In winter, near Prospect Park, trees look like bristling spiny twigs, swaying naked in the wind like tough, rubbery skeletons. In the spring and summer seasons, covered with leaves, these trees are majestic, enchanting even. They seem full of life, with squirrels running up and down, birds hopping around, disappearing into the many branches from one end, only to shoot off into the air from the other side. The trees’ sizes magnify their allure. They are like giantesses whose bulk and size are exquisitely balanced, so finely proportioned, that if they ever walked, I imagine their gait to be so graceful as to put even the swaying of supple slender vines or the curl of delicate creepers on a trellis to shame.
But in winter these gentle nourishers seem to rise in anger, invoking the metallic sky to join them in some angry cosmic march.
If I walk up Garfield, turn left on 8th Avenue, and turn a right on Union Street, I come up to the Grand Army Plaza. The stones in the buildings on the way add some illusion of warmth to the scene with their earthy brown and yellow hues. Across the Grand Army Plaza is the Brooklyn Public Library. But before your eyes rest on the imposing facade of the library, you will notice the entrance to Prospect Park, and the hypnotic skeletal trees. Give in to their allure and you will be lost to Prospect Park.
Once some winters back, I was taken in by the surroundings and feeling triumphant that I had escaped the talons of Prospect Park, I dared a short walk to stretch my legs before turning back into the library. Before I knew it I was at the Brooklyn Museum, the Scylla to Prospect Park’s Charybdis.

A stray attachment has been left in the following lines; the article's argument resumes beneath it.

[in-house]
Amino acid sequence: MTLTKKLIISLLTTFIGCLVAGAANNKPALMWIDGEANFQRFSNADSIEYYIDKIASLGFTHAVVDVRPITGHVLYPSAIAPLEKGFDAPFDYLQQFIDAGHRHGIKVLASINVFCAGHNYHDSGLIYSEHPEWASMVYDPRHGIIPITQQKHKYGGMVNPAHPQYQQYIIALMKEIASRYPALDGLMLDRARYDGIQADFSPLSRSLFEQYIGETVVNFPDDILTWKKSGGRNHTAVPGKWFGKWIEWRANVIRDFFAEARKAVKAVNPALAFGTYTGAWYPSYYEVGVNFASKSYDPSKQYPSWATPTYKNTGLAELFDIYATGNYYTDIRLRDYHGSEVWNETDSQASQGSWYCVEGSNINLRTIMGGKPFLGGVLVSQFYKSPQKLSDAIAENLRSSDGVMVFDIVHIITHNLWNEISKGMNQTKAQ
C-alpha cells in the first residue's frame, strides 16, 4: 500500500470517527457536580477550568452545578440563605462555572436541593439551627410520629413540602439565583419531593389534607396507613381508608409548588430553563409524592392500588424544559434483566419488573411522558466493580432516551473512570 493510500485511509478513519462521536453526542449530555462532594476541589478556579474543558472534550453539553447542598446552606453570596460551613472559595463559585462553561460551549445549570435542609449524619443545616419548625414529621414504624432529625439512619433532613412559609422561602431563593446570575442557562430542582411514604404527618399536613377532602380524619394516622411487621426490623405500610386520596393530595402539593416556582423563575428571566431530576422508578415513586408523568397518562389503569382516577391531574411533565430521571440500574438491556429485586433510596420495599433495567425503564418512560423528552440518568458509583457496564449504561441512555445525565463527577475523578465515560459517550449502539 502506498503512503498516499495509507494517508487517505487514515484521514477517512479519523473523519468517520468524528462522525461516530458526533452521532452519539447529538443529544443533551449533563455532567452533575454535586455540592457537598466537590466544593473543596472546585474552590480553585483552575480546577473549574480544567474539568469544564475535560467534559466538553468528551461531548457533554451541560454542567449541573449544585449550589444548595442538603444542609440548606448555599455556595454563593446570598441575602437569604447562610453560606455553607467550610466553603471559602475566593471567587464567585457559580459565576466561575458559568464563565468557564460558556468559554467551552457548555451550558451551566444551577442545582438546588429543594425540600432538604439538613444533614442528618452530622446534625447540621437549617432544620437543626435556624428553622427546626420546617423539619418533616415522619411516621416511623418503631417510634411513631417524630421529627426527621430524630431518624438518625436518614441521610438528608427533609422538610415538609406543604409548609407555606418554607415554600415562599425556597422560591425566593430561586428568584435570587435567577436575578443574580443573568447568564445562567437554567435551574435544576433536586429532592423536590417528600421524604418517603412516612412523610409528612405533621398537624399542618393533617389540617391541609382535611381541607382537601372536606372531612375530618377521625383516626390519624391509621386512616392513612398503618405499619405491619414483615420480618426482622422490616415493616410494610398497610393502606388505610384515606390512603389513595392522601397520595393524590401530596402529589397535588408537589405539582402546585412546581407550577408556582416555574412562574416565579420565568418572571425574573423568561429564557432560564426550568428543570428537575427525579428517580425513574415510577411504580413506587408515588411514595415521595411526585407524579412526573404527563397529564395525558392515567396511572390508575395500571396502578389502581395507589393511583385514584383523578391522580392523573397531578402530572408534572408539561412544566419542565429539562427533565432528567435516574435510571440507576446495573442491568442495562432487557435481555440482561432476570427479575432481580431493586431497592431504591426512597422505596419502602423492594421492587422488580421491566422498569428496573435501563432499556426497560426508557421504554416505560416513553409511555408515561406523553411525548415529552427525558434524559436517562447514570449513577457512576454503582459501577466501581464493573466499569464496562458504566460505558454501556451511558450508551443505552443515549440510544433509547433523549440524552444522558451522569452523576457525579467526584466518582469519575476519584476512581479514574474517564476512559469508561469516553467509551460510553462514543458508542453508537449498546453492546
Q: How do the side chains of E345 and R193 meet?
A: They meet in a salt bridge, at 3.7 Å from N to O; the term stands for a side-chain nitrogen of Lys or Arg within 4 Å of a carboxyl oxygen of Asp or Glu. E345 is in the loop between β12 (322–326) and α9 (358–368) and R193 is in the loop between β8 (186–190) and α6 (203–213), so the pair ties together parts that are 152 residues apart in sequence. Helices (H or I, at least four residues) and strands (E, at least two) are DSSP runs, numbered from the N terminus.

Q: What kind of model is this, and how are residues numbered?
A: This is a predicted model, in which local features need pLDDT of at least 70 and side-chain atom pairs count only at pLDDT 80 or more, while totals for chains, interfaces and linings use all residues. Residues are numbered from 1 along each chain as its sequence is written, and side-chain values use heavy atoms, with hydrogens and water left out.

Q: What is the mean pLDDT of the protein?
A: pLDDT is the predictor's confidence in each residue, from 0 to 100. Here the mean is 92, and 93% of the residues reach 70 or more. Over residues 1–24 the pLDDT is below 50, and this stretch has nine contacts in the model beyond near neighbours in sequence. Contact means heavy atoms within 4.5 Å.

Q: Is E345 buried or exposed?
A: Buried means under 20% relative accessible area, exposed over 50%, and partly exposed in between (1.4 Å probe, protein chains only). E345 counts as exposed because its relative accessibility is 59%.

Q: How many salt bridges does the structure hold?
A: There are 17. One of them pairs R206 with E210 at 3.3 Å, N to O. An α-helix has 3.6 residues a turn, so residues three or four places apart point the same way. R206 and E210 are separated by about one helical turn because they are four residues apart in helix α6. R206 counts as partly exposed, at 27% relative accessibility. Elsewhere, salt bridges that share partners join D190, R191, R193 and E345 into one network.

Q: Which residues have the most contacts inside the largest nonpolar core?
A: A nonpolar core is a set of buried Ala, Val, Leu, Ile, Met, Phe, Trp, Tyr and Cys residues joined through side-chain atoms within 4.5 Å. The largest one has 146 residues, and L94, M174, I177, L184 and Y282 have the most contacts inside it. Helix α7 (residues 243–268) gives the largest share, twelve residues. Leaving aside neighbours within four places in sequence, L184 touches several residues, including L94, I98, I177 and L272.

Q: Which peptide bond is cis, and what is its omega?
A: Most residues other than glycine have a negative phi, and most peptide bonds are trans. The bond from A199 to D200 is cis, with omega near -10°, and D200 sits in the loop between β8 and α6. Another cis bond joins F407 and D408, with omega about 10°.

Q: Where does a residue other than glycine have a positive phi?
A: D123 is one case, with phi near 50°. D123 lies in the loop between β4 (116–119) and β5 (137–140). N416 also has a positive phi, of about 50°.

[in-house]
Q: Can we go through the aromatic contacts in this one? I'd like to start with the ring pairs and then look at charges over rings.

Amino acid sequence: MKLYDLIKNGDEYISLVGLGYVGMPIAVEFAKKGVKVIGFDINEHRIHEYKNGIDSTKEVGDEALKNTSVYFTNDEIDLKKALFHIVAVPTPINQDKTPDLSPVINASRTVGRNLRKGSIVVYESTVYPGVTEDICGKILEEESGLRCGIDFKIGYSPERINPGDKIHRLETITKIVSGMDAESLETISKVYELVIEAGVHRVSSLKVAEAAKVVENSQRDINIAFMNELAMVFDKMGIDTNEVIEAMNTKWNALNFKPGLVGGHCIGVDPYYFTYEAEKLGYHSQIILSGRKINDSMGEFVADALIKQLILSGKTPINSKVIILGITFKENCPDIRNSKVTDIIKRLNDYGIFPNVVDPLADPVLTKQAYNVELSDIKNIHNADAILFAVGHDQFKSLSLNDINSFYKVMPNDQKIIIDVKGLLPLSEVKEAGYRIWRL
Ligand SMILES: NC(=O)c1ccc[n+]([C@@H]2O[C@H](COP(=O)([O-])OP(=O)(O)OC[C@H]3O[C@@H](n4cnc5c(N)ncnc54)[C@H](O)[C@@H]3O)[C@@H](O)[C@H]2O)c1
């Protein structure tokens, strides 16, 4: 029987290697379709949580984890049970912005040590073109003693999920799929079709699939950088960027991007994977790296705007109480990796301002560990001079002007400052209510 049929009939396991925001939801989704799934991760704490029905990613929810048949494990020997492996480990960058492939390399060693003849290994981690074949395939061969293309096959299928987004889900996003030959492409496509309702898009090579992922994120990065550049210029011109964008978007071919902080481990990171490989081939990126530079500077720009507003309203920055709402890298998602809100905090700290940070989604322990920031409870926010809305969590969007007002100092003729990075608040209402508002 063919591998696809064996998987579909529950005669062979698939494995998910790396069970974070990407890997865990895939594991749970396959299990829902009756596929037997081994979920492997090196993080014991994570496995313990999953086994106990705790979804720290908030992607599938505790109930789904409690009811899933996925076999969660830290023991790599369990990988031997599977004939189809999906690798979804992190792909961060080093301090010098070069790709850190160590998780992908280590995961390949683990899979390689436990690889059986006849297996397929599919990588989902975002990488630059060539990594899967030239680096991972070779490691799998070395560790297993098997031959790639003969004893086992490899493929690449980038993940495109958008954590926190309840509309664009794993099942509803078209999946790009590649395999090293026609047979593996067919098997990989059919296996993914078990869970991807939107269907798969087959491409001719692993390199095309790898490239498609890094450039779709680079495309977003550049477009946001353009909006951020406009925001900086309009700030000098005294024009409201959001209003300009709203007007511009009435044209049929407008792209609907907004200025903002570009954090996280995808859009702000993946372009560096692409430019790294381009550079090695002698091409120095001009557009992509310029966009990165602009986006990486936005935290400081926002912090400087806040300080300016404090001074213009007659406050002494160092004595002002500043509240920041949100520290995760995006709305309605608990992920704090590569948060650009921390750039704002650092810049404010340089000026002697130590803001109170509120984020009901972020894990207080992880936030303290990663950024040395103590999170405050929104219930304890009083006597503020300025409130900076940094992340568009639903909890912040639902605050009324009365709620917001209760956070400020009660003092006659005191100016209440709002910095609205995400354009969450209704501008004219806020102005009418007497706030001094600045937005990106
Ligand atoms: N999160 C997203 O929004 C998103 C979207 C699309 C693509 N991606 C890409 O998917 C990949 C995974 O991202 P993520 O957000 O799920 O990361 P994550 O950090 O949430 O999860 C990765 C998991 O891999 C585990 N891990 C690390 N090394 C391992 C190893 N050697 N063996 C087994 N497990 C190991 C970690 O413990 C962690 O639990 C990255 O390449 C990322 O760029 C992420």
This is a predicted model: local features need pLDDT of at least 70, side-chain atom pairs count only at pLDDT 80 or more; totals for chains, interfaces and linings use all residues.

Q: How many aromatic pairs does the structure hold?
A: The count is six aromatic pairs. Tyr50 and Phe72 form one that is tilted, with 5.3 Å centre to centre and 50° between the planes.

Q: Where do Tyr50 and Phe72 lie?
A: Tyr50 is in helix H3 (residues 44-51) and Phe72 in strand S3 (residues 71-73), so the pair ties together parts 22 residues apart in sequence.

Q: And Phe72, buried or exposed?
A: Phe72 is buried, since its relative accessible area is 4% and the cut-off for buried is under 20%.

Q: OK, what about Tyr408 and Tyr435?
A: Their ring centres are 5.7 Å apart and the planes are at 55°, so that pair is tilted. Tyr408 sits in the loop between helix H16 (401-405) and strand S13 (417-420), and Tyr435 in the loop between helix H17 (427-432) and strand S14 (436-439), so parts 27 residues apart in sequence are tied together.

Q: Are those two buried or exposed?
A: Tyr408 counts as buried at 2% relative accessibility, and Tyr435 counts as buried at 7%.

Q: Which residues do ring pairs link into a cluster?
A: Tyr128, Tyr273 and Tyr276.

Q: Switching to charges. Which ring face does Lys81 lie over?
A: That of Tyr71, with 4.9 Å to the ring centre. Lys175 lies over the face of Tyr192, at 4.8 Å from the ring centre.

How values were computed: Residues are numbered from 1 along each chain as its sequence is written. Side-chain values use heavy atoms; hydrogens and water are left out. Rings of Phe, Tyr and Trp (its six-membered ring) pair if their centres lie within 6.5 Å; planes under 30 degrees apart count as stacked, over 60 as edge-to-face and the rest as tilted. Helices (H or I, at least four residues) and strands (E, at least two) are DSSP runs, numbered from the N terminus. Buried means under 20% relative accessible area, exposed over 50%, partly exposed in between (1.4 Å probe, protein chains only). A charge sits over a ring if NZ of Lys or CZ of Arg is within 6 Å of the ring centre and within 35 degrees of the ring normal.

Nowadays I know better.
Between these two cultural monsters lay the library, which is also why I do not know where I would end up when I leave for the library.
The massive gold gilded doors of the library, replete with literary motifs, separate the chaos of reality from the peace within the library.
This institution would be the most that I would miss if I moved away from New York. Of the appellation Brooklyn Public Library, it is not the Brooklyn part that I would miss, nor the library part, but the public part. The reassuring and almost defiant project built for public consumption on such a grand scale makes me happy.
Last month, in Bangalore, Neha and I were watching the Kabaddi League Finals. I was sitting on the chair and Neha on the opposite couch.
“Oye.. throw me the ball” I said, so that I can have something to fiddle with as the match progressed.
She tossed me the ball. I caught it absent-mindedly and turned back to the telly when I heard an infectious chuckle coming from between us. Sitting on the floor was Mira, her shoulders sloping one-sided, cackling away, looking at me. Tentatively I tossed the ball up and caught it. The chuckle grew merrier. I tossed the ball higher and caught it. By now Mira was chuckling and clapping in thrill. She stepped forward, took the ball and gave it to Neha. More tossing, more catching, and more giggles filled the house.
Standing there, looking up with childlike wonder at both of us in turn, eyes shining, with bursts and peals of laughter breaking out as we happily threw the ball up in the air, stood Mira.